Normally they would have left once the shelling stopped. This time, though, they were so shaken that they decided to just stay in the bunker. That decision may have saved them: A half-hour later, mortars rained down again, this time even closer.

“We could hear metal falling outside,” Buffington remembers. “Then a helicopter dove right overhead. Jessica grabbed me and threw me on the ground and covered me. She thought it was so close it was going to land.”

For weeks, Buffington couldn’t shake off the fear. Walking anywhere around the base, even to the bathroom, unnerved her.

“It’s just not fair how scared you have to feel, the emotions that you feel — confusion, anger, fear, and especially sadness. It is so overwhelming. It’s so hard. It hurts.”

Bryan speaks up: “That’s why we had to have a lot of fun.”

“That’s why we sit here and only talk about the fun things,” Buffington says, “because that’s what you had to focus on. The only things you had to live for were the good things. You couldn’t walk around in fear all the time and mope all the time, because it would go a lot slower and you’re gonna be a nut case.”

On Oct. 6, Buffington and Bryan lost one of their closest friends. Buffington recalls:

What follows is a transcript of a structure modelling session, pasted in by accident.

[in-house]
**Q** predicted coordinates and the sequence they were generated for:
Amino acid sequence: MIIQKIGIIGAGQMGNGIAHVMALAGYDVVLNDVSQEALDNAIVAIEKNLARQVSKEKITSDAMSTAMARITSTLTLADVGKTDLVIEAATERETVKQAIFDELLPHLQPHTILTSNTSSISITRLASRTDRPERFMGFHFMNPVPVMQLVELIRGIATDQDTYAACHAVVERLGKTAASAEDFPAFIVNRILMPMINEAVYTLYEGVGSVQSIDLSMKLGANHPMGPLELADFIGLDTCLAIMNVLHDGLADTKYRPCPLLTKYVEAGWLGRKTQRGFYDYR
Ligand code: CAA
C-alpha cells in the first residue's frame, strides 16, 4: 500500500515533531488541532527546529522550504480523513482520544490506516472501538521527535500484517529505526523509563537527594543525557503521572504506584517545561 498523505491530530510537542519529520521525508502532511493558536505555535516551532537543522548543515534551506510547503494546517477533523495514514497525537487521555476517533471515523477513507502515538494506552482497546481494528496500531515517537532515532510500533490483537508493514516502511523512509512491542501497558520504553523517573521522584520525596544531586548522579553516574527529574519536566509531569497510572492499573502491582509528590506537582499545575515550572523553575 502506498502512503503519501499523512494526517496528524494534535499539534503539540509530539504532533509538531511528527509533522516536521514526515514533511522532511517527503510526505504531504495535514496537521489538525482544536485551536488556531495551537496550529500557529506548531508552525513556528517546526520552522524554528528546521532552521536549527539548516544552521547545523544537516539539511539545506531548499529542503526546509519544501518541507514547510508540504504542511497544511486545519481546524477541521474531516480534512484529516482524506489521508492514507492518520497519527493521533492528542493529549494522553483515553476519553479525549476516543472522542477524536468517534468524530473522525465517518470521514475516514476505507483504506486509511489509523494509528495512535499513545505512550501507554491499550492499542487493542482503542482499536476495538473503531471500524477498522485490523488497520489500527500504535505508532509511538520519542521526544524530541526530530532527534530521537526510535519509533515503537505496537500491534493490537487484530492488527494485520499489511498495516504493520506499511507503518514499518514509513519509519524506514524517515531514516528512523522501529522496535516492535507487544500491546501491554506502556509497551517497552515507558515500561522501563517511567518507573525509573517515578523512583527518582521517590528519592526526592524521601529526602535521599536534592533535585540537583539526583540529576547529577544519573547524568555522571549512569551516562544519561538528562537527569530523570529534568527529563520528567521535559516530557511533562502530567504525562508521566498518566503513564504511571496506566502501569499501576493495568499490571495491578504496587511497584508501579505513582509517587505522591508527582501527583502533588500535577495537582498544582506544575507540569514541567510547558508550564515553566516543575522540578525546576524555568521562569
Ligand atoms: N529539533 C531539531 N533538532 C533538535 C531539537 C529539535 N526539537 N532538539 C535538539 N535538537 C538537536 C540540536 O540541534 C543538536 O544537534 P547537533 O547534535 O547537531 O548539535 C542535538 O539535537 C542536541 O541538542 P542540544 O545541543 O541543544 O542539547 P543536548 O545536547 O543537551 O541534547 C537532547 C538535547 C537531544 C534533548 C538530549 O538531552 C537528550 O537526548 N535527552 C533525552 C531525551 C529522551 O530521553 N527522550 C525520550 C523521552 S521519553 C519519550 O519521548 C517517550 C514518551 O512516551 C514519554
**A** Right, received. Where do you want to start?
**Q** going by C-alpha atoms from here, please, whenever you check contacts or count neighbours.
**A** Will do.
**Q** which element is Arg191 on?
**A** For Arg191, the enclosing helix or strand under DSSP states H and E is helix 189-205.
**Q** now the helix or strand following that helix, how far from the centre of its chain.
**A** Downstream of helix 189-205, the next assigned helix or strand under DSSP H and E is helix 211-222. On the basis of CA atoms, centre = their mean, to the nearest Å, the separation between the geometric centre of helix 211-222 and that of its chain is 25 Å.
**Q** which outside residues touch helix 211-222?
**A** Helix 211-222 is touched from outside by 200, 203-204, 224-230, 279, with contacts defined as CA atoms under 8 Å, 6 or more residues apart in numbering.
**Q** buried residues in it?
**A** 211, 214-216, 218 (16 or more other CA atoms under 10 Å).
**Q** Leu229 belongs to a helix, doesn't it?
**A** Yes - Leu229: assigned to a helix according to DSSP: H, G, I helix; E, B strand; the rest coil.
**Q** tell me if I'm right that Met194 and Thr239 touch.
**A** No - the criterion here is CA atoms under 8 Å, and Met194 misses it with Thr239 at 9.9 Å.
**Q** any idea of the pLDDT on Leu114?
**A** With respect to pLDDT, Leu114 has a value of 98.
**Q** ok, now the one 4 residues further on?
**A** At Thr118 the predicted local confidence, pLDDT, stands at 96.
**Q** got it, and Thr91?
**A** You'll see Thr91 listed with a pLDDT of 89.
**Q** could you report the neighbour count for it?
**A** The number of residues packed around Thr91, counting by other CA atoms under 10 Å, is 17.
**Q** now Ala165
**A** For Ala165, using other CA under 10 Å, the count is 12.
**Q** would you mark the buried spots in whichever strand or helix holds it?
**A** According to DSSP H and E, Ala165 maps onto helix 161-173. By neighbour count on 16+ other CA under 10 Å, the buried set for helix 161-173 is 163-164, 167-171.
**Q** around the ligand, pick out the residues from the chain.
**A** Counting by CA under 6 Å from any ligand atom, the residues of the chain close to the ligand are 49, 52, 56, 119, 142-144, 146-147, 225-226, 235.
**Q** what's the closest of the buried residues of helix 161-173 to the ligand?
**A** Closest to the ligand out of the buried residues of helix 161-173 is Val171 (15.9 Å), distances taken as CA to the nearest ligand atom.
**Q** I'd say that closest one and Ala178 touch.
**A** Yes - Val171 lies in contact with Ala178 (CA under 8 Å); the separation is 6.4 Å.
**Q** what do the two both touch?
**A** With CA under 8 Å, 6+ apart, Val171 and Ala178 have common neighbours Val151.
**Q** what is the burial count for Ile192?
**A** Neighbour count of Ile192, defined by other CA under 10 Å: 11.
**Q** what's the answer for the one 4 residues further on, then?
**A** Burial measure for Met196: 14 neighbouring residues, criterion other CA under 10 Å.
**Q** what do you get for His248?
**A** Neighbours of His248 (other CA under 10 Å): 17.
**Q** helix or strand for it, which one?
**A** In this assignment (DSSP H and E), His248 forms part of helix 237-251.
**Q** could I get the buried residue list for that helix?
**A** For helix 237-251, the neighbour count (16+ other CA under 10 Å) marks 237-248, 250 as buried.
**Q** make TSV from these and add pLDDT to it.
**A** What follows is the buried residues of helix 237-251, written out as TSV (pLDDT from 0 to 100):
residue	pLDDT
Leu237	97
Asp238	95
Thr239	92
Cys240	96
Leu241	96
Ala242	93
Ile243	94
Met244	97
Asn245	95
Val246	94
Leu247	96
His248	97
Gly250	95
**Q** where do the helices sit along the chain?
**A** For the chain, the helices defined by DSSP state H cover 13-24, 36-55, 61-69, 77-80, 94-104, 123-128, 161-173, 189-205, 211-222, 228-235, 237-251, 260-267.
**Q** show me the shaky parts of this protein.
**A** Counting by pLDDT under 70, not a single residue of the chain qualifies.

I went into the office for our unit because one of my girlfriends was doing guard duty in there that night and I was gonna keep her company. And I just happened to stay in there. We were playing cards.

I remember we heard this big boom and said, oh, that was a big one. You could tell what a roadside bomb sounded like as opposed to a mortar. . . . About 15 minutes later, the guy at the computer jumps up and they’re calling for a medevac: “We need to get a medevac in there! Don’t leave this office; don’t tell anybody what’s going on!”

We know something’s wrong. Then we find out what truck it was. So then I knew what truck and what people were involved, but I don’t know what’s wrong with them. . . . I heard “Get so-and-so’s records and their blood type.” I couldn’t hear the name, so I’m freaking out.

Bryan, who was making her first road mission that night, was in the convoy hit by the IED. She picks up the story:

There were five gun trucks, and I was in the third one. Cawvey was in the last one. . . . The first few trucks went back and helped out. We had a computer in ours, with a tracking system. You could instant-message with all the bases around. We got in touch with . . . all of our higher-up people. Then the guys that were back helping radioed helicopters; then we just pretty much sat there and waited for recovery to come and get the vehicle, because the weapon was still on it and we couldn’t leave it. It was the longest four hours in my life.